Companies attending Asia’s leading information technology trade fair are showcasing their latest products marking a new era of fast video, mobile and Internet services at low prices.
While consumers are already able to enjoy television, films and mobile services on their cellphones using third generation (3G) know-how, they may struggle with data transmission glitches, experts say.
"But no more," said Tsai Chang-yi, of Taiwan’s Gemtek Technology, a wireless equipment company and one of 1,333 exhibitors at the Taipei International Information Technology Show that opened Tuesday.
"That kind of complaint will be gone. Television programmes will be viewed nicely on one’s cellphones, and that day is coming," he said of the fast-developing WiMAX technology.
Making what Tsai described as an "quantum leap" possible is the fourth generation (4G) wireless high-speed Internet service, better known as WiMAX.
WiMAX stands for Worldwide Interoperability for Microwave Access and is similar to the more familiar WiFi (wireless fidelity) that most laptops are equipped with.
"Under the WiMAX framework, the data rate of portable broadband access like laptops stands at two megabytes per second (Mbps)" or eight times faster than 3G, Tsai said.
And data delivery can reach speeds of up to seven megabytes per second for fixed-access users in offices and homes.
"To end-users, another incentive would be low prices … thanks to the relatively low construction cost of WiMAX base stations," Tsai said.
Industry sources put the cost of each WiMAX base station, or transmitting and receiving hub, at close to two million Taiwan dollars (60,600 US), about one-fourth of the cost for the 3G version.
A longer operation distance is another attraction to investors jumping on the bandwagon.
Theoretically, WiMAX base stations have a range of up to 10 kilometres (six miles) – though the distance is reduced to three to four kilometres in urban areas – compared with one kilometre for 3G stations.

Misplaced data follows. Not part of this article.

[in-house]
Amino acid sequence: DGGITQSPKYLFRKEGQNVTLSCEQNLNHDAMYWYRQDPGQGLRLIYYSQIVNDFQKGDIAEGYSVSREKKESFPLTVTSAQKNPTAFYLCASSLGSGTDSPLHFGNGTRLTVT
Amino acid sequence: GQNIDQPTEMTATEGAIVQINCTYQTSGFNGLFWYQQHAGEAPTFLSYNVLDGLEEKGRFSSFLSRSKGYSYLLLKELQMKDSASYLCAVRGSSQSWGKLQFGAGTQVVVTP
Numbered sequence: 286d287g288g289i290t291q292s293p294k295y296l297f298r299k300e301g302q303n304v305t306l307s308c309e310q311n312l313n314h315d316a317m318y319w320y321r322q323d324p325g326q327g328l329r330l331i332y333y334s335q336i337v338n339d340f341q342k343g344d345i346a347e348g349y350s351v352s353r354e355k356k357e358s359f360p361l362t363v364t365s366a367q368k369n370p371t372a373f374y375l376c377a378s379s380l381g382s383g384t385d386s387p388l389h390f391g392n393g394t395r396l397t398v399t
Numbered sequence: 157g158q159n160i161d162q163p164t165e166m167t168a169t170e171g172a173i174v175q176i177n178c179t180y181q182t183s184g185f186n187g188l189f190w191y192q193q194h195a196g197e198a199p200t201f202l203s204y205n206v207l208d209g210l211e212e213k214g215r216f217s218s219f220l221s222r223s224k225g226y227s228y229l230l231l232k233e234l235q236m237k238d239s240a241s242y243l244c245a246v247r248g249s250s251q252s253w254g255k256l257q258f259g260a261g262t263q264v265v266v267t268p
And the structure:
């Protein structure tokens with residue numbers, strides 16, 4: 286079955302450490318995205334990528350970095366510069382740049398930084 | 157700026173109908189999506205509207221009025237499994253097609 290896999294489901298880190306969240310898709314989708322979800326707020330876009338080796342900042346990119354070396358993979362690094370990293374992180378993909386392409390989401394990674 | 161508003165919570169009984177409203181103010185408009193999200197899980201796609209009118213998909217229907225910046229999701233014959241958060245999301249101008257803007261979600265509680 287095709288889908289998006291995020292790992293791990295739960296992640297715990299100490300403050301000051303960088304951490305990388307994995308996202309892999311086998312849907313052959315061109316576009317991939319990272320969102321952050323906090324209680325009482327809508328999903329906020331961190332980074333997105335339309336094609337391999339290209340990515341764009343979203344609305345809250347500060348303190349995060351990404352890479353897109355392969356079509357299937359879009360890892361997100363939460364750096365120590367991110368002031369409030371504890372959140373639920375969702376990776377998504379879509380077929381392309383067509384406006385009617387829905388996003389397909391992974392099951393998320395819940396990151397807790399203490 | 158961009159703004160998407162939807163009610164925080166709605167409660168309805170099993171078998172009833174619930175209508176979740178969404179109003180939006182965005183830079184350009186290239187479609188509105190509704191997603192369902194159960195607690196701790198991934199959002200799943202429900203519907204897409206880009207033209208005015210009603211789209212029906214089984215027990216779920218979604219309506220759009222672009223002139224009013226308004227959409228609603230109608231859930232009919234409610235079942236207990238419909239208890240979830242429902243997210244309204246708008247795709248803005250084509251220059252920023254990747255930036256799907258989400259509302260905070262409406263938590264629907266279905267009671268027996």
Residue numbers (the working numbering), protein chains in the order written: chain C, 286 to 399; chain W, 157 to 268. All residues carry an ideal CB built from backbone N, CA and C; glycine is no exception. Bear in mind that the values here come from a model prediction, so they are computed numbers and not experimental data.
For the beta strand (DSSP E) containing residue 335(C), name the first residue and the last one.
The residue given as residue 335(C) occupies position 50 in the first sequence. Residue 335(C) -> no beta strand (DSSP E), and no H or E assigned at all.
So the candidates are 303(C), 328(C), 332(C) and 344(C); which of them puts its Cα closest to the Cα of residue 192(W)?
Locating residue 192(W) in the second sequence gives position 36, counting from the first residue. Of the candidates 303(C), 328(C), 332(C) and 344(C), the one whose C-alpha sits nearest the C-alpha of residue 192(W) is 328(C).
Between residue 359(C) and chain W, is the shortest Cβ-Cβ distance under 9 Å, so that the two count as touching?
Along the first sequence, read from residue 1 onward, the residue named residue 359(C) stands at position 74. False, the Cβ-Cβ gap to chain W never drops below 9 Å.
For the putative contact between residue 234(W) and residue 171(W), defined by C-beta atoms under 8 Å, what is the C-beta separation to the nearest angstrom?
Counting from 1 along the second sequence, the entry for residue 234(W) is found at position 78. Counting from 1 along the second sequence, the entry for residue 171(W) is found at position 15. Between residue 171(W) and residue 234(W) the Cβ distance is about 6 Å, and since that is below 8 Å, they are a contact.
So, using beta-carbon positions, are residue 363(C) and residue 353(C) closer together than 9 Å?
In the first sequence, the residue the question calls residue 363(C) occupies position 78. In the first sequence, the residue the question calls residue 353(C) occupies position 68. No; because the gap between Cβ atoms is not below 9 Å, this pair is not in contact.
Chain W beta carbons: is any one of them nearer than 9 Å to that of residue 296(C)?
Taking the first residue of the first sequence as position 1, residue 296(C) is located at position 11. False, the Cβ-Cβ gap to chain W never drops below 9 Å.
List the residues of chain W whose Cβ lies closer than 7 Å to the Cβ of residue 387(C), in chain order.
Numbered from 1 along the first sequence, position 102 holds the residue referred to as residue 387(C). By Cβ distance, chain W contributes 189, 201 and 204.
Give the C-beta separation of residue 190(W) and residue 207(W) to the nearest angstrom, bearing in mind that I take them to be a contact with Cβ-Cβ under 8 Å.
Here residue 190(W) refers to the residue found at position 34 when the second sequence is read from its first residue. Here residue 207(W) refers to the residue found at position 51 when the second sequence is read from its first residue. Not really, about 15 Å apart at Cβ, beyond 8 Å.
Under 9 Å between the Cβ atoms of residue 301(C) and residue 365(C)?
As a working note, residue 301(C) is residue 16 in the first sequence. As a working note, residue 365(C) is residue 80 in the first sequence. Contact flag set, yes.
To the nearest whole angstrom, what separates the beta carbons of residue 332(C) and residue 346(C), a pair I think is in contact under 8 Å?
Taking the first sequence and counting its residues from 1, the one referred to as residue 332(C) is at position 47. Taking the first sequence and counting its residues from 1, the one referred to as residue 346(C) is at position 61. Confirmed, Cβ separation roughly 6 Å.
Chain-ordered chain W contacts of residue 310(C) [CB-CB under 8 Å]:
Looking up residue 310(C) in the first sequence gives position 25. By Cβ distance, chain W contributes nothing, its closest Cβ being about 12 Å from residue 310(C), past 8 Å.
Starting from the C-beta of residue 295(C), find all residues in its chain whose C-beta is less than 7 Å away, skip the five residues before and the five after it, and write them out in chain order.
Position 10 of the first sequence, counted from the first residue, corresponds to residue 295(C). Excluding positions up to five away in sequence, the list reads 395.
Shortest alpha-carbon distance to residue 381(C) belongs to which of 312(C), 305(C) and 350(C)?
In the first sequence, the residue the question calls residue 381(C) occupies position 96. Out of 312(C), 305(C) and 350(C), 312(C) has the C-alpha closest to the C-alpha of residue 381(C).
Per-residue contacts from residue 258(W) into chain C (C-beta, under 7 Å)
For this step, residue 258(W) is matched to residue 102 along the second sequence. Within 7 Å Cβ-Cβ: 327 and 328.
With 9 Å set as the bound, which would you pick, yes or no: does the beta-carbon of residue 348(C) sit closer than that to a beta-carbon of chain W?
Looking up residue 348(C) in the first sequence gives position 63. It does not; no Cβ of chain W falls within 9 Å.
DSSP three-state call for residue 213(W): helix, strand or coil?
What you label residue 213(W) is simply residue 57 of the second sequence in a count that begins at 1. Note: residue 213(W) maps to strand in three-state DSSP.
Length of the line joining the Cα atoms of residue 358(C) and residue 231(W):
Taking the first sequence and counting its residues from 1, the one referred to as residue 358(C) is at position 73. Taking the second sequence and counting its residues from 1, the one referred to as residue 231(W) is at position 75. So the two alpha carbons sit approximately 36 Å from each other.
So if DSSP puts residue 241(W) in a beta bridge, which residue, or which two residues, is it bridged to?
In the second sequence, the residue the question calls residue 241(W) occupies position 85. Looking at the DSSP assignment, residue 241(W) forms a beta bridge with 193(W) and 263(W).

"The inauguration of WiMAX mechanism is especially fast in India, Pakistan, and the Middle East where infrastructure construction is not as good as in the industrialised countries," Tsai said.
Giant US chip maker Intel and manufacturer Motorola are investing heavily in WiMAX and deployments of the system are taking shape worldwide.
"The years 2008-09 will witness a huge growth in WiMAX products," another GemteK employee said on condition of anonymity.
"Already, the amount of orders placed with Gemtek as of now this year has doubled to around three billion Taiwan dollars (90.6 million dollars)."
The Taiwanese government plans to issue six regional permits for WiMAX services by the end of this month, and least one national permit within two years, officials said.
Organisers estimate that Asia’s biggest IT trade fair will attract 100,000 local and 32,000 foreign buyers, spending close to 14.5 billion US dollars.
Themes at the three-day event, covered by 2,926 booths, range from computer systems, components, motherboards and storage equipment to opto-electronic display products and car electronics.
The scale of the fair, second only to Germany’s CeBIT show, will be almost double next year with an extra 2,600 booths exhibiting at a new venue.